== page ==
Friday, 24 February 2017

Progress report 2

After a very rough start, today improved a lot.

The rough start came about because as I was walking Tammy at about 6:45 I got a text to say the plumber had been called to an emergency and wouldn’t be at our place until 4pm.  Some fairly terse SMS then flew around.  I thought “What could be a bigger emergency than us not being able to wash or use the toilets?”   Myself and Frances were both pretty upset as we drove back towards home.

Now, you should remember that yesterday two plumbers were involved: our usual guy who we cancelled and the insurance company’s guy.  As all I’d got this morning was an unfamiliar number, I assumed it was the latter, who still had a live job with us, who had rearranged things.

In fact it was the “practice manager” of our usual guy who had sent her message to the wrong phone.  She only realised this about 9am when the guy who had him booked rang to find out where the he was! What a relief!

The first person to front was a loss adjuster from A J Grant looking at the property side of things, including the plumbing situation.  He immediately checked on his plumber who was still getting parts  in Fyshwick, which is quite OK.

About 5 minutes later a small ute turned up with some wood in the back and two guys I’d never seen before got out.  They had been sent along by A J Grant to do a make safe on the purling post.  Unexpected but brilliantly helpful.  here is what we had ended up with yesterday (note wooden wedge):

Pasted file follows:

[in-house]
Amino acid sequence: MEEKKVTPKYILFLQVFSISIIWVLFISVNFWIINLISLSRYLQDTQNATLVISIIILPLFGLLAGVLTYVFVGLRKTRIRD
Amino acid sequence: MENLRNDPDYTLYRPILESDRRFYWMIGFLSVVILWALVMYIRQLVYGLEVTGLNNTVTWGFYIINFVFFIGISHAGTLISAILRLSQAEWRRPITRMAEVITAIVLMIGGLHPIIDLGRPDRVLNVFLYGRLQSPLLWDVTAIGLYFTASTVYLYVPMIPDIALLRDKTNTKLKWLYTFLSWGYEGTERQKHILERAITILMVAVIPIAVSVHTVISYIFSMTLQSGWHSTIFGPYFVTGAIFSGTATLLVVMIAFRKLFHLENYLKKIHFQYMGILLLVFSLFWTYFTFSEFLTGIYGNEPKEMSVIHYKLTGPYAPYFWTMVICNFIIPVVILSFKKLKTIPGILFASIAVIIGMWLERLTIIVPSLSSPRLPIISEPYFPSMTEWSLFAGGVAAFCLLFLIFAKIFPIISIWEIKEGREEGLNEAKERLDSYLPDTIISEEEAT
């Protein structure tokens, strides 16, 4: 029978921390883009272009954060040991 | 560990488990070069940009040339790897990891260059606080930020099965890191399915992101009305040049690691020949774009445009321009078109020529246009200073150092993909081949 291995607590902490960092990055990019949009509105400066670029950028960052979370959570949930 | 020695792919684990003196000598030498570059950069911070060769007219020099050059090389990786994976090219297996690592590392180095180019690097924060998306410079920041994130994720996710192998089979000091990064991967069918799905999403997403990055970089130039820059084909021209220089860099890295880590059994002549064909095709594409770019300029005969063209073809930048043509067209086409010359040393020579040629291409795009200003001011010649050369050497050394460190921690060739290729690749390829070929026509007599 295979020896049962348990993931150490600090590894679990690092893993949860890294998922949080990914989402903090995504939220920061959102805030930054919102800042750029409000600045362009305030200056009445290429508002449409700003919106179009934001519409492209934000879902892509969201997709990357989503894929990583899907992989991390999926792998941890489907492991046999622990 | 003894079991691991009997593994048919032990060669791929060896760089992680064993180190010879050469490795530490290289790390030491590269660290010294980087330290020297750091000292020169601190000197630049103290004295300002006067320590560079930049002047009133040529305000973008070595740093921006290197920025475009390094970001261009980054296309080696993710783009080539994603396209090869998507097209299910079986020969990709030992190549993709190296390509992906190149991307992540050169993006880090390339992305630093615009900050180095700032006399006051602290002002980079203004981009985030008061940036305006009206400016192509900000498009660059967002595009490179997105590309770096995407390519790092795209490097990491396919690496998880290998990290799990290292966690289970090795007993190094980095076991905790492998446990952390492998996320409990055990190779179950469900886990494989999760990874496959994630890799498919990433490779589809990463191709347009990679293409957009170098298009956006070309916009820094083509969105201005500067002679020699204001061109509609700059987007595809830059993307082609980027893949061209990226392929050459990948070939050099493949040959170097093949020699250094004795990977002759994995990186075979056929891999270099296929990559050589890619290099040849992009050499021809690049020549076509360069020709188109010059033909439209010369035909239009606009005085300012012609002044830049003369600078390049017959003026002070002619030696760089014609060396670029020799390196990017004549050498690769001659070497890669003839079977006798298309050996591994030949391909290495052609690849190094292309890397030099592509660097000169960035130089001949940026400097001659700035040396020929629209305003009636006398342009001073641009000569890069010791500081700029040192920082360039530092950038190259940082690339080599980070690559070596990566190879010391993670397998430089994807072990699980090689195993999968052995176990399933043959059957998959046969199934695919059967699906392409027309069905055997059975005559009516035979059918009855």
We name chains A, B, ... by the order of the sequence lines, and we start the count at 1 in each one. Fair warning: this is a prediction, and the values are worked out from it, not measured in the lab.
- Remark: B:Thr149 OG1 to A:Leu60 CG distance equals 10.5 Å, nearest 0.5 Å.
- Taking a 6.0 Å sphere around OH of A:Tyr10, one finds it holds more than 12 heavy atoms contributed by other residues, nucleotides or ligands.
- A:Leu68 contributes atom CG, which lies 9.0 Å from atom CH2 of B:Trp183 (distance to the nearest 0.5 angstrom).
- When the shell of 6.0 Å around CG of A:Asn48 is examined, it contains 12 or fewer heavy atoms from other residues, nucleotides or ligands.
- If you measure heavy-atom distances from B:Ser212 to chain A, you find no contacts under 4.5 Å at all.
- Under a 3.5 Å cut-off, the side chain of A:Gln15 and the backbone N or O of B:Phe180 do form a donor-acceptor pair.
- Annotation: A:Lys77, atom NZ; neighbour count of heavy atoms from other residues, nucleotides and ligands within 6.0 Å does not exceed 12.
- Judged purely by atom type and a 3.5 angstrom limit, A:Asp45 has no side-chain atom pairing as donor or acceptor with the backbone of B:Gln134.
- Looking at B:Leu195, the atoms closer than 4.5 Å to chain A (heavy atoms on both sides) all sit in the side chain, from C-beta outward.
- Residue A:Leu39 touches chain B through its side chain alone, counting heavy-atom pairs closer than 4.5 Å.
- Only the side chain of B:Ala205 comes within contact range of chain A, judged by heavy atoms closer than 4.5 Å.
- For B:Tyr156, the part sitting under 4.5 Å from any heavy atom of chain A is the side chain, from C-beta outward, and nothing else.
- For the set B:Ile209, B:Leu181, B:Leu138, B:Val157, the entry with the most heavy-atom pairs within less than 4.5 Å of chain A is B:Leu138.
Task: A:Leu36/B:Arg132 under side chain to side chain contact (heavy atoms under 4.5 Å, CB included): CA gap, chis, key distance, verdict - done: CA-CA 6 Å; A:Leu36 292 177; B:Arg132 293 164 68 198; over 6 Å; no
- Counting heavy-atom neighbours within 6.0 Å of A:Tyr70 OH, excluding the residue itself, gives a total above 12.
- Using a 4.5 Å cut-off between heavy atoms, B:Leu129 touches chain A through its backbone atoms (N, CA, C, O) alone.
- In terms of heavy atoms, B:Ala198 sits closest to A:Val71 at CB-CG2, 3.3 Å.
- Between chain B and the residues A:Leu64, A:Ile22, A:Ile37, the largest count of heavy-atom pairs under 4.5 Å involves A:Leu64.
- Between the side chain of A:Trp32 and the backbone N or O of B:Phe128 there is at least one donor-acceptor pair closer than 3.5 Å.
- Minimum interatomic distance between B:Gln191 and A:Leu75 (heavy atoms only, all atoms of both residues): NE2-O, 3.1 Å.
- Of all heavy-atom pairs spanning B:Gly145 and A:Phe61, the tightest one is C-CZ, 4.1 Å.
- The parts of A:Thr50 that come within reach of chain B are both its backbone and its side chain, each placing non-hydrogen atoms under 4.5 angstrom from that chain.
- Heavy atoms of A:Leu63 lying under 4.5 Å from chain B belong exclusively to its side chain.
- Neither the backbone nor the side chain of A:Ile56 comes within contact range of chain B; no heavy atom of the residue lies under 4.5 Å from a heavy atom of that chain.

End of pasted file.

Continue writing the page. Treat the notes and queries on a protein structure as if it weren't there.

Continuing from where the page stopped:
I then spent about an hour with the loss adjuster going around and looking at what had been damaged.  The process is that he writes a report detailing what has been damaged and recommending what to do about it which is agreed by us (or at least seen by us) reviewed by and signed off by the insurance company and then the assessor’s company use their contractors to fix everything according to the resulting contract.

In the course of this I commented that one problem was the sheets of iron on the (former) roof of the big shed banging in the wind.  Not a problem.  The two guys doing make safe on the deck which has involved lots of bolts being drilled into things to hold it all together)
were pointed up there and asked to get the sheets of iron off and put them on the ground with something heavy on them so they didn’t blow around.
This they did and it is all very neat and quiet.

The plumber has now turned up and is working on the septic.  I am following the example quoted somewhere of a tradesmen – I think in the UK - whose scale of fees was something like £50.00 per hour or, with assistance from owner of premises,  £75.00 per hour.  Thus I’m staying right out of his way.  He has now done his stuff, tested it and gone away.  There are a few jobs still on his sheet and he’ll do them on Monday.

Next folk along were two nice ladies from Capital Restorations.  They were the representatives of the company looking after the contents claim.  Again very helpful in explaining what was going on and how we needed to proceed.

So we are back in the house.  There are some strange sights around the place such as this watering can (still with some water in it) and milk crate.
One of our snake repellers also looks as though Dali has had a go at it, in the absence of a pocket watch, but it is still beeping away.

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